BLADE RUNNER 2049
DENIS VILLENEUVE (Director) is an acclaimed, award-winning
auteur whose films have been embraced by critics and audiences worldwide
throughout his career. Last year, he earned global attention with the science
fiction drama "Arrival," starring Amy Adams as a linguist enlisted by the
military to make contact when alien spacecrafts land on Earth. The critically
lauded, worldwide box office hit garnered eight Academy Award nominations,
including Best Director and Best Picture.
In 2015, Villeneuve's film "Sicario" made its world premiere in competition
for the Palme d'Or at the Cannes Film Festival. Starring Emily Blunt alongside
Benicio Del Toro and Josh Brolin, the thriller follows an idealistic FBI agent
whose hunt for justice thrusts her into the dark heart of a lawless U.S. and
Mexican border where drugs, terror, illegal immigration and corruption challenge
her moral compass. "Sicario" earned three Oscar nominations, marking yet another
critical and box office achievement for the director.
The French-Canadian director made his Hollywood directorial debut with the
2014 film "Prisoners," a suburban vigilante drama starring Hugh Jackman and Jake
Gyllenhaal, which received an Oscar nomination and recognitions from the
National Board of Review for Best Ensemble and as one of the Top Films of the
year. In 2012, Villeneuve directed his first Englishlanguage film, "Enemy," an
eerie thriller starring Gyllenhaal as a history lecturer who discovers an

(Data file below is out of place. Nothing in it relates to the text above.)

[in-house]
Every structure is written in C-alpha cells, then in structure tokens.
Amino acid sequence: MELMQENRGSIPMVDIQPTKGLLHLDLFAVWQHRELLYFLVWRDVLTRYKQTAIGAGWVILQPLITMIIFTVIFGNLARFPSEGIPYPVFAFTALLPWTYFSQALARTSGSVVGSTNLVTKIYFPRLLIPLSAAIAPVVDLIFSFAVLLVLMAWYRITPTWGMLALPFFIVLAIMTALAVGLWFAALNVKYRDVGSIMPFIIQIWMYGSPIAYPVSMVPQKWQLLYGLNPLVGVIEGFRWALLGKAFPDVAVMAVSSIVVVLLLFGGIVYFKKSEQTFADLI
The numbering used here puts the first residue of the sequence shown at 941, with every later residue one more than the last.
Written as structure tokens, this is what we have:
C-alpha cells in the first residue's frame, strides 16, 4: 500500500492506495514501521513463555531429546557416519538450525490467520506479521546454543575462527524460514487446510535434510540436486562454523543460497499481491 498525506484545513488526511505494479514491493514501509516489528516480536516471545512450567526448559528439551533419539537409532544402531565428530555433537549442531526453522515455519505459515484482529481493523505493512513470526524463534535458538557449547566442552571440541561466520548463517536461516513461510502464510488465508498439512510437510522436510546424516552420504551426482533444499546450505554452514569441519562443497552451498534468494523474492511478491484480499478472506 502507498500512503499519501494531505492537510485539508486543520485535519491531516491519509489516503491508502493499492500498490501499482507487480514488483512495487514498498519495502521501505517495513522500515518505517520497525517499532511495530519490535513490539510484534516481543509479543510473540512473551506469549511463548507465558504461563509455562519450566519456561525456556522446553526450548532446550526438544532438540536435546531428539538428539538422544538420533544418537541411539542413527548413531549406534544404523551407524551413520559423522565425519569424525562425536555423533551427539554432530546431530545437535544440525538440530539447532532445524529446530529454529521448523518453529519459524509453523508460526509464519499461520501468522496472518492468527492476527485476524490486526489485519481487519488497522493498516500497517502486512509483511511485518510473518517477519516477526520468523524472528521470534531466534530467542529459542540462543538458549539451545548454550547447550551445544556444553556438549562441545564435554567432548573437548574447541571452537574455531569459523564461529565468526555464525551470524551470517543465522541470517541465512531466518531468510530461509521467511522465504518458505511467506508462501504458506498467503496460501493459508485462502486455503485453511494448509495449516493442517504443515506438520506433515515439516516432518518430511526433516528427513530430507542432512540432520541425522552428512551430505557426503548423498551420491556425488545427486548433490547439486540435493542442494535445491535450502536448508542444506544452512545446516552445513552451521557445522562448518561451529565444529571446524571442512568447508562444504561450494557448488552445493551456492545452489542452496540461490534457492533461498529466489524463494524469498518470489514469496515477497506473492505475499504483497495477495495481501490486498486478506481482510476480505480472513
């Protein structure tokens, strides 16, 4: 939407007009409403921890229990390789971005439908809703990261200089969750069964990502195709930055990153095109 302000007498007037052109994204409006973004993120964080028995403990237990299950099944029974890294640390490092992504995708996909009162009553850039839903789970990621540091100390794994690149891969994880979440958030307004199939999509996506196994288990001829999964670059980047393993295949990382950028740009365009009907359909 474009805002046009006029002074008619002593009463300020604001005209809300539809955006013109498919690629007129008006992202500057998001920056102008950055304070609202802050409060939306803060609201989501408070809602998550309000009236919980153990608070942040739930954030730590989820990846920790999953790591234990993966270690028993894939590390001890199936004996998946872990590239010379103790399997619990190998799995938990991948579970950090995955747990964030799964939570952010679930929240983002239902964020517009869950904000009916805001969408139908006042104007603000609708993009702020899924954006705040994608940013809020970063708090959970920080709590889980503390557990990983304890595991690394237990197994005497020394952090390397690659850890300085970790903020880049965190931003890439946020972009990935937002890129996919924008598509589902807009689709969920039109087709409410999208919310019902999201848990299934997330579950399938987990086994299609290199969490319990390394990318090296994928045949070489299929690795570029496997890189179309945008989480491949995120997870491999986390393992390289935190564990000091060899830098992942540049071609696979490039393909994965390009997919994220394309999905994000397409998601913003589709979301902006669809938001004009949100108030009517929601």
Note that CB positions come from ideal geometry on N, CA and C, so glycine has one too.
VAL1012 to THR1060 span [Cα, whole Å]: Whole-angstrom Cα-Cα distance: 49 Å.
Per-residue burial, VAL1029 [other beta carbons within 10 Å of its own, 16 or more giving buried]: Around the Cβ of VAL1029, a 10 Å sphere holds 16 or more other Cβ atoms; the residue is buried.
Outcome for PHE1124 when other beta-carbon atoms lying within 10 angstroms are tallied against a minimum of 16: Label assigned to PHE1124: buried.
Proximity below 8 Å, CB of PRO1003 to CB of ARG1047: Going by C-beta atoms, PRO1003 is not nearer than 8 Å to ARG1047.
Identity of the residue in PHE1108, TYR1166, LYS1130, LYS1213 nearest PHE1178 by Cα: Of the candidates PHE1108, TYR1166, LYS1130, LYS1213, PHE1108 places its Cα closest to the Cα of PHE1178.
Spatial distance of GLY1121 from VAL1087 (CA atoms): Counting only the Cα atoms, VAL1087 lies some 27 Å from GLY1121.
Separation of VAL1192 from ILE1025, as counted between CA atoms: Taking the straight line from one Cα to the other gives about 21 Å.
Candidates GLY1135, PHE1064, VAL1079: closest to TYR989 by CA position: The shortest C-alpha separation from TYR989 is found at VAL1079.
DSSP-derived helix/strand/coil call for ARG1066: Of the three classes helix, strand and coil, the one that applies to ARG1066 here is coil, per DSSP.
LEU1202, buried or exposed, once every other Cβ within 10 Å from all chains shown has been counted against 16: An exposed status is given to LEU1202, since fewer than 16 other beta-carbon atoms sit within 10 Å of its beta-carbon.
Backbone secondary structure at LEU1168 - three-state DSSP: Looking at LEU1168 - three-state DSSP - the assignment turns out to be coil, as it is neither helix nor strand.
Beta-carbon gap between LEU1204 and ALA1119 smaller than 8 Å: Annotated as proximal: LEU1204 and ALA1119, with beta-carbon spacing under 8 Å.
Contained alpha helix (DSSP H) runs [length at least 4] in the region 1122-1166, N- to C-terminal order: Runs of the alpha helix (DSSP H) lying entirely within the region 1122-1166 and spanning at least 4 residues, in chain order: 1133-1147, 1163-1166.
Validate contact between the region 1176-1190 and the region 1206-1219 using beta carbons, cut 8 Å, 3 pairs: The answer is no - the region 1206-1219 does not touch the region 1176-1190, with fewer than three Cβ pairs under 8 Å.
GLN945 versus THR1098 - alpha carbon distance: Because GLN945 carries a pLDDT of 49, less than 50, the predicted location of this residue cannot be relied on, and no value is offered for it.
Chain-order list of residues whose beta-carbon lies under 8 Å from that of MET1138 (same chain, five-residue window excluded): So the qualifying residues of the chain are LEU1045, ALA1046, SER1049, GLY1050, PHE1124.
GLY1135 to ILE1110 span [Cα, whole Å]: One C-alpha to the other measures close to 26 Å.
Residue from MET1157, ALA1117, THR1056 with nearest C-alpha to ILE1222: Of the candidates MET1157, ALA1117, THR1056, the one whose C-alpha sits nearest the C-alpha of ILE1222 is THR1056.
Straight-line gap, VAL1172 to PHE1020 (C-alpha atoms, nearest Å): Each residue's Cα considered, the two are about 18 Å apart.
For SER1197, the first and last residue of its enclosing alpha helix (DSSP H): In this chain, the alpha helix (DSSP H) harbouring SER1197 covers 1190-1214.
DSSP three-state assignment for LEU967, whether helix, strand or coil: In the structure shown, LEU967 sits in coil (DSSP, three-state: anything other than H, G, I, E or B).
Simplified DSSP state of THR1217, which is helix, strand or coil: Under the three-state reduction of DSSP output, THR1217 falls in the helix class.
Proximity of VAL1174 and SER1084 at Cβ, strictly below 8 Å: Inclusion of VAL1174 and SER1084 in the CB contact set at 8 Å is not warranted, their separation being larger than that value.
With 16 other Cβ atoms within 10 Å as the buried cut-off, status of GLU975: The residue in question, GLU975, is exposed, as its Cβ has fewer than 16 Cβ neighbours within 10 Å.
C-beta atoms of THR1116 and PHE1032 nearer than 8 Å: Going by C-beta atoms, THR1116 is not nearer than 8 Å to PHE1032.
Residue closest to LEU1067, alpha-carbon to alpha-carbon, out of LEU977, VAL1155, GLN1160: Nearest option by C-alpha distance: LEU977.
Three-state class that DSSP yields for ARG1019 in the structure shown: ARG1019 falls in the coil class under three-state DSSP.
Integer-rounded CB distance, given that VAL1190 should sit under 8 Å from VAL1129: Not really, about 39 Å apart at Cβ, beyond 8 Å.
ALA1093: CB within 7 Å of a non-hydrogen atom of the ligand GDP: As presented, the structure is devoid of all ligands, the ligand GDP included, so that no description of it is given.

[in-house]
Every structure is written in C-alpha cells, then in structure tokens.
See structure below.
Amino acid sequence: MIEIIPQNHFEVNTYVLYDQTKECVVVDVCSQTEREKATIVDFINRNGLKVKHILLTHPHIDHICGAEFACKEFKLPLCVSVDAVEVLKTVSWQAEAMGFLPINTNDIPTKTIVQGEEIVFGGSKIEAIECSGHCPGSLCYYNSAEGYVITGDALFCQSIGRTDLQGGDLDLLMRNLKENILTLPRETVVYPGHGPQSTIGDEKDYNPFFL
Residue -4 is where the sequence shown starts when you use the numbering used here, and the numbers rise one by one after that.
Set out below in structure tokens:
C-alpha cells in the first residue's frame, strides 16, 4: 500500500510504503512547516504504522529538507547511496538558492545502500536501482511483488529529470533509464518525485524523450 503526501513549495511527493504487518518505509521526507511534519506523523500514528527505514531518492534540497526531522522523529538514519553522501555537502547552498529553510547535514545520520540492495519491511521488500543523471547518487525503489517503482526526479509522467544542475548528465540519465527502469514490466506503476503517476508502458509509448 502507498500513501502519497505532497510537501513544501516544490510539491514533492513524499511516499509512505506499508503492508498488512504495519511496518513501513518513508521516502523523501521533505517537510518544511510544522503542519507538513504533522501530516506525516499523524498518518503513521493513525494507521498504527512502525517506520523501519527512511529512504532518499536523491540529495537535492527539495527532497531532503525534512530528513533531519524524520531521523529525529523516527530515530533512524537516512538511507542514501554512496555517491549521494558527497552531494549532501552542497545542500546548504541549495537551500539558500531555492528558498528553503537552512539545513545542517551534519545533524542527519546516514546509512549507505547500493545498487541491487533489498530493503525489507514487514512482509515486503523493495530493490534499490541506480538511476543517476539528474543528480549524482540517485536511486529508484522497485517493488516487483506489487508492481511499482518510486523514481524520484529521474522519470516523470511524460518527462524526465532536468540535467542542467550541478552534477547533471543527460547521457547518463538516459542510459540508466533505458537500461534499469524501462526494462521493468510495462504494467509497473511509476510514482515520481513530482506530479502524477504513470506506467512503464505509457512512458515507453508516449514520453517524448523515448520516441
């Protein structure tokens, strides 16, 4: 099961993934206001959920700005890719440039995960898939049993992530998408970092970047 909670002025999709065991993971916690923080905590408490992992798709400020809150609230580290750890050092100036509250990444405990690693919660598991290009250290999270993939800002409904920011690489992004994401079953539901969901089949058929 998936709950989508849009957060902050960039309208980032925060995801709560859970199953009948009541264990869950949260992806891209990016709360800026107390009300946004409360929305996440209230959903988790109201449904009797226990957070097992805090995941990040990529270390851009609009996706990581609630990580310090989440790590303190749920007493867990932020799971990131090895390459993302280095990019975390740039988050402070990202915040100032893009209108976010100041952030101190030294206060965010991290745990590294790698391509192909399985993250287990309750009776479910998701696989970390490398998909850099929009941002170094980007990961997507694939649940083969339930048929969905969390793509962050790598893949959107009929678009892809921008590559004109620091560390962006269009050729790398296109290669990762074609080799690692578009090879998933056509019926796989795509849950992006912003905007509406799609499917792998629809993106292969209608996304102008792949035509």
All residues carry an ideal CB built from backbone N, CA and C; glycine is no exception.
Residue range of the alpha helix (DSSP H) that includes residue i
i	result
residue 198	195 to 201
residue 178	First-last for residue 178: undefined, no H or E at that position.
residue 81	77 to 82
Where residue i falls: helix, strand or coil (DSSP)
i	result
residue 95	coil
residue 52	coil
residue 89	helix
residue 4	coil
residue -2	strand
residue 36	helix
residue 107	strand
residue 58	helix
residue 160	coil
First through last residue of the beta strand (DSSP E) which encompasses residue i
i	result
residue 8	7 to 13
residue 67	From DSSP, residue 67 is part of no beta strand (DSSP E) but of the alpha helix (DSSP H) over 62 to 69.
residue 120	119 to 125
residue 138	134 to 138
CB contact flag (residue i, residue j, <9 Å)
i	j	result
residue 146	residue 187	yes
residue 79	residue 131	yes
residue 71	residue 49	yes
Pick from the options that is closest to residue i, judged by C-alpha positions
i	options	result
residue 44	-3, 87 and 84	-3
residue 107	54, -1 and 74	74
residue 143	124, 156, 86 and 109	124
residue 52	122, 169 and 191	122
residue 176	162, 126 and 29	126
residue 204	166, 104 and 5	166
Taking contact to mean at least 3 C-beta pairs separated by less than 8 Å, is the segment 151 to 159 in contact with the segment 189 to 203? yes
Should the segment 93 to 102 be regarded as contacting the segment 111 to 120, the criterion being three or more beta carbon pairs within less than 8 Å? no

unexpected alter ego. The actor's spellbinding performance won critical raves
and sealed the director's reputation as one of cinema's most exciting new
In 2011, Villeneuve's "Incendies" put a spotlight on Canada, which
selected the film as its Oscar entry for Best Foreign Language Film. The
French-language drama about the legacy of a civil war in the Middle East for a
Montreal immigrant family garnered the Academy Award nomination and was also
named by The New York Times among the best movies of that year.
His third film, "Polytechnique," made its world premiere at the 2009 Cannes
Film Festival in Director's Fortnight. The black-and white French-language
feature dramatized the infamous 1989 massacre of 14 young women at Montreal's
Polytechnique School of engineering. Back home, the film was recognized as the
Best Canadian Film of the year by the Toronto Film Critics Association, and was
awarded nine Canadian Screen Awards and five Jutra Awards (Quebec film awards),
most notably for Best Director.
Very early in his career, Villeneuve's films were prestige festival
favorites. His 2008 short film, "Next Floor," was honored with the Canal+ Award
presented at the Cannes' Critics Week, played in over 150 festivals around the
globe, and reaped more than 50 awards. His 1998 feature film debut, "August 32
on Earth" (Un 32 aout sur terre), premiered in Un Certain Regard at Cannes, and
was programmed by over 35 film festivals, including official selections at
Telluride and the Toronto International Film Festival. "Maelstrom" followed,
winning the FIPRESCI Prize at the 2001 Berlin Film Festival and also taking home
the SACD Prize from the Avignon Film Festival.
Villeneuve is currently working on an adaptation of Frank Herbert's classic
science fiction novel Dune, which he will direct.
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